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Harley-Davidson Sportster S | A brief history of Harley's modern trailblazer

Why the latest generation Harley-Davidson Sportster S is just the latest trailblazer in a lineage of flat-track inspired models that pioneered a new age

H-D Sportster S Visordown video and review

The arrival of an all-new Harley-Davidson Sportster is a truly significant event for arguably motorcycling’s most storied brand. 

Although the Milwaukee marque’s ’Big Twins’ such as the ElectraGlide and Fat Boy are probably the most iconic and desirable of all ‘Hogs’, it’s the historic American brand’s smaller, more entry-level Sportster family which has not only been the most successful but has also has been the introduction for most buyers to the Harley brand and has also produced a series of historic models of its own– both on road AND track – which have proved truly legendary. 

After all, it was the Sportster which was basis for the legendary XR750 flat-tracker, famously the most ‘winningest’ race bike in history, and the model preferred by Evel Knievel to perfect his notorious jumps.

It was the Sportster motor, which, albeit heavily reworked, was used to power Cal Rayborn’s world land speed record-setting Harley streamliner of 1970.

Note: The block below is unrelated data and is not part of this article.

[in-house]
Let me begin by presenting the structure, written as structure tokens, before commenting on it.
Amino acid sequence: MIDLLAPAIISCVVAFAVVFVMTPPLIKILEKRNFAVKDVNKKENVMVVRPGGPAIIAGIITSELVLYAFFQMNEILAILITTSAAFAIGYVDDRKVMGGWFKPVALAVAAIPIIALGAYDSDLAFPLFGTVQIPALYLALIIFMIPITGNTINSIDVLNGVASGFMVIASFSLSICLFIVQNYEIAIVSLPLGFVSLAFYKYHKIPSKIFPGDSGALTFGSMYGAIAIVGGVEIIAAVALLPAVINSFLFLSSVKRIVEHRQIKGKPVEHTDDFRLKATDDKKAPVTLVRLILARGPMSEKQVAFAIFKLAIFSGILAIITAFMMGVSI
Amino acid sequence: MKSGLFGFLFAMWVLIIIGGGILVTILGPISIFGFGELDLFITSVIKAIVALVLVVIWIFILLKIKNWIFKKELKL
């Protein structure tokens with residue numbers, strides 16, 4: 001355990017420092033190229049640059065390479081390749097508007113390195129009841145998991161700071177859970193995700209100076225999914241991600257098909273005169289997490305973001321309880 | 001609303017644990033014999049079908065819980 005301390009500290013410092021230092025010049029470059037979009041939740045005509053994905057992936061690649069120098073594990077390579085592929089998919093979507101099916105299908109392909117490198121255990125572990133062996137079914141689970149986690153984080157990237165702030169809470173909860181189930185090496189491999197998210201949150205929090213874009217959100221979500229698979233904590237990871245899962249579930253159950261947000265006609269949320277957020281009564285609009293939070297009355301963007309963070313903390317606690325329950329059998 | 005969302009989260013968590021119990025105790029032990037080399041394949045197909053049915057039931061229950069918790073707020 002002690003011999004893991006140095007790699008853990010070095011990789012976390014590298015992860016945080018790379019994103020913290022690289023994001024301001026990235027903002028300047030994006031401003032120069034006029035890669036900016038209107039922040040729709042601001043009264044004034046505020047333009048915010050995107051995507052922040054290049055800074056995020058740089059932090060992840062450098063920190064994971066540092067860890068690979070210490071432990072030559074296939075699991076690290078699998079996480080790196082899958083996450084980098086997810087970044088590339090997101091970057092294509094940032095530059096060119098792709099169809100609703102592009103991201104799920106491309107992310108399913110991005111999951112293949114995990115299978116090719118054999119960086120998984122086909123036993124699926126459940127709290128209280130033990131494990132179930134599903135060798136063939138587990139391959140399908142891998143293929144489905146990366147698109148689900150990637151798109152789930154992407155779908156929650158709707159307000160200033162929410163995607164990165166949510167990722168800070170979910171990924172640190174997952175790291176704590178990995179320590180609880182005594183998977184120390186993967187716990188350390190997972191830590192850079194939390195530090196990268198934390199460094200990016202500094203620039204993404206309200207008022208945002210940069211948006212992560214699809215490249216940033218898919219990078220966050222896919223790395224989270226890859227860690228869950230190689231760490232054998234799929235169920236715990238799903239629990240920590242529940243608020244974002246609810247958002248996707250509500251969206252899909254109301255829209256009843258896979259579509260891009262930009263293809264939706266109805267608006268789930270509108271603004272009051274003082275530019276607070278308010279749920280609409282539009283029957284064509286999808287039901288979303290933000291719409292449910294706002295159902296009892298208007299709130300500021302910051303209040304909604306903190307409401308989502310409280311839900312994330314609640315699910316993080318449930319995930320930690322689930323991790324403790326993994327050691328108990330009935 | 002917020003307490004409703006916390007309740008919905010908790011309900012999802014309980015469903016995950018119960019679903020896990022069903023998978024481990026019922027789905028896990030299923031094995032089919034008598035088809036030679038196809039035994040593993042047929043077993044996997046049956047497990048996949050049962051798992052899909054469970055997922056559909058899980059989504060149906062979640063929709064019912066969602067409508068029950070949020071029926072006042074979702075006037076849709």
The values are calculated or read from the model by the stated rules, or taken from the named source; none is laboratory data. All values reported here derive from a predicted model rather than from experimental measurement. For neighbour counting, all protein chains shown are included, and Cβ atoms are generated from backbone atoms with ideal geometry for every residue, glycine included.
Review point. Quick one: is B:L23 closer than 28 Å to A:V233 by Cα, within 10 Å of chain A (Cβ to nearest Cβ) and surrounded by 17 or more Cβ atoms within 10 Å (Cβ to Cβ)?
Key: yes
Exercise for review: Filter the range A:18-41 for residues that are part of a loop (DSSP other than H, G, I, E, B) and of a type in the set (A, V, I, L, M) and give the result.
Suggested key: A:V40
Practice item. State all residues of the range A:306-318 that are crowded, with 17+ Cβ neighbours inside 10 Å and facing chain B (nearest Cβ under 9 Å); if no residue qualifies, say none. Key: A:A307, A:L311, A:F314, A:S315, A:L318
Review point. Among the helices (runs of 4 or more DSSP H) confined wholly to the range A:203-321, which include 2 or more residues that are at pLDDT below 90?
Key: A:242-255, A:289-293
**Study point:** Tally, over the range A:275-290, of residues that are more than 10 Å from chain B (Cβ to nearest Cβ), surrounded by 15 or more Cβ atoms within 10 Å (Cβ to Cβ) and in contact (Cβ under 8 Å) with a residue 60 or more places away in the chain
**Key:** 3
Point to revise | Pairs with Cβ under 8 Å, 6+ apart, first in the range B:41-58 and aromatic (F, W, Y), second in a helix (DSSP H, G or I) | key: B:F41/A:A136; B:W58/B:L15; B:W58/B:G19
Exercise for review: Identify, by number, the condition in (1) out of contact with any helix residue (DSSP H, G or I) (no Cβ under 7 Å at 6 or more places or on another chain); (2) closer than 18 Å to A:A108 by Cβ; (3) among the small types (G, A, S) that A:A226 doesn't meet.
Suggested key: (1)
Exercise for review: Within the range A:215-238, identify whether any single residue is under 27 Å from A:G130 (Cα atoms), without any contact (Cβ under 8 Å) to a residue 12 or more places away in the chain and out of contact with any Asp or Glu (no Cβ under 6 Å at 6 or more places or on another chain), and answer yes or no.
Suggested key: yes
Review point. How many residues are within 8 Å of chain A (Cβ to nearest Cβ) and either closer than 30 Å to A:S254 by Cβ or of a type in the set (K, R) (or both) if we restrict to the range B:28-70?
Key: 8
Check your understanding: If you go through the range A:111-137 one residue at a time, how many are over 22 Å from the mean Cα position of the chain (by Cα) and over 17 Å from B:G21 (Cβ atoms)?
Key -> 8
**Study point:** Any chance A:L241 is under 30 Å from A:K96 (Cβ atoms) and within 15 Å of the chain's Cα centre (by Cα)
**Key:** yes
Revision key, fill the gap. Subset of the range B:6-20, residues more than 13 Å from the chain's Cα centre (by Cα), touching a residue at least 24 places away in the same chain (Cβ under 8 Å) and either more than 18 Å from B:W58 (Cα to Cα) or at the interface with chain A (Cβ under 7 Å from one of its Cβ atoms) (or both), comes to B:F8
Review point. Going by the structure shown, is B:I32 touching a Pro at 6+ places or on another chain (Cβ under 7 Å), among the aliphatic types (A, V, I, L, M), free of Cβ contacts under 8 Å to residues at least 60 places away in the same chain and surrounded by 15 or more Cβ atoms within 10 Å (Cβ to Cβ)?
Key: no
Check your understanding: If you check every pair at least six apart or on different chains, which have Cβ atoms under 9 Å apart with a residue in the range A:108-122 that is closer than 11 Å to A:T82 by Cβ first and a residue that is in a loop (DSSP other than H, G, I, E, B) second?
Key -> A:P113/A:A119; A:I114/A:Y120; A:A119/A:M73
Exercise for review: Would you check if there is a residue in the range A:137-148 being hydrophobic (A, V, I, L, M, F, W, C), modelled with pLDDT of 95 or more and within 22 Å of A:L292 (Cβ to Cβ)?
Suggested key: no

And it was Sportster-derived bikes, namely the XR1000 and XR1200, which have been, until very recently, Harley’s most performance-orientated bikes.

Today - much like it's predecessors the Harley-Davidson Sportster S - check out our REVIEW HERE - has been created with one eye on the past while hauling the brand into the future

Simply, without the Sportster, modern Harley probably wouldn’t even exist.

Harley Davidson Sportster S - The beginnings

Although the very first Sportster wasn’t built until 1957, it owes much of its DNA to Harley’s preceding Model K, which was produced between 1952 and 1956. The Model K was intended as a more pared down, lightweight, sporty machine to rival European twins such as the Triumph 500 Speed Twin. 

It was based on a derivative of Harley’s ‘W 45’ side-valve, 750cc V-twin engine complete with new, sporty, four-speed transmission and, for the first time on a Harley, suspension both front and rear. A KR racing version was introduced in 1953 and an enlarged, 888cc KH and KHK version came out in 1954.

The success of these K-series bikes, and also intensifying competition from the Europe motorcycle manufacturers, led to a major update in 1957, whereby Harley’s 888cc ironhead engine was updated from a sidevalve to an overhead valve design with the result being redesignated as the ‘XL’ or, more commonly, ‘the Sportster’. 

The following year, in 1958, a high compression version, the ‘XLH’, was introduced, as was a further racing version, the ‘XLCH’ (for competition hot). 

The collective success of these bikes was the catalyst for a Harley dynasty which survives to this day. By 1967 Sportster production was second only to that of the ElectraGlide and by 1970 it was the top selling Harley of all.

Although always a smaller, lighter, ‘sportier’ Harley V-twin, the Sportster has also been at the forefront of the American brand’s technical innovations and also often the model used as the basis for branching out into new sectors. Sportster engines were always the ones used by Buell.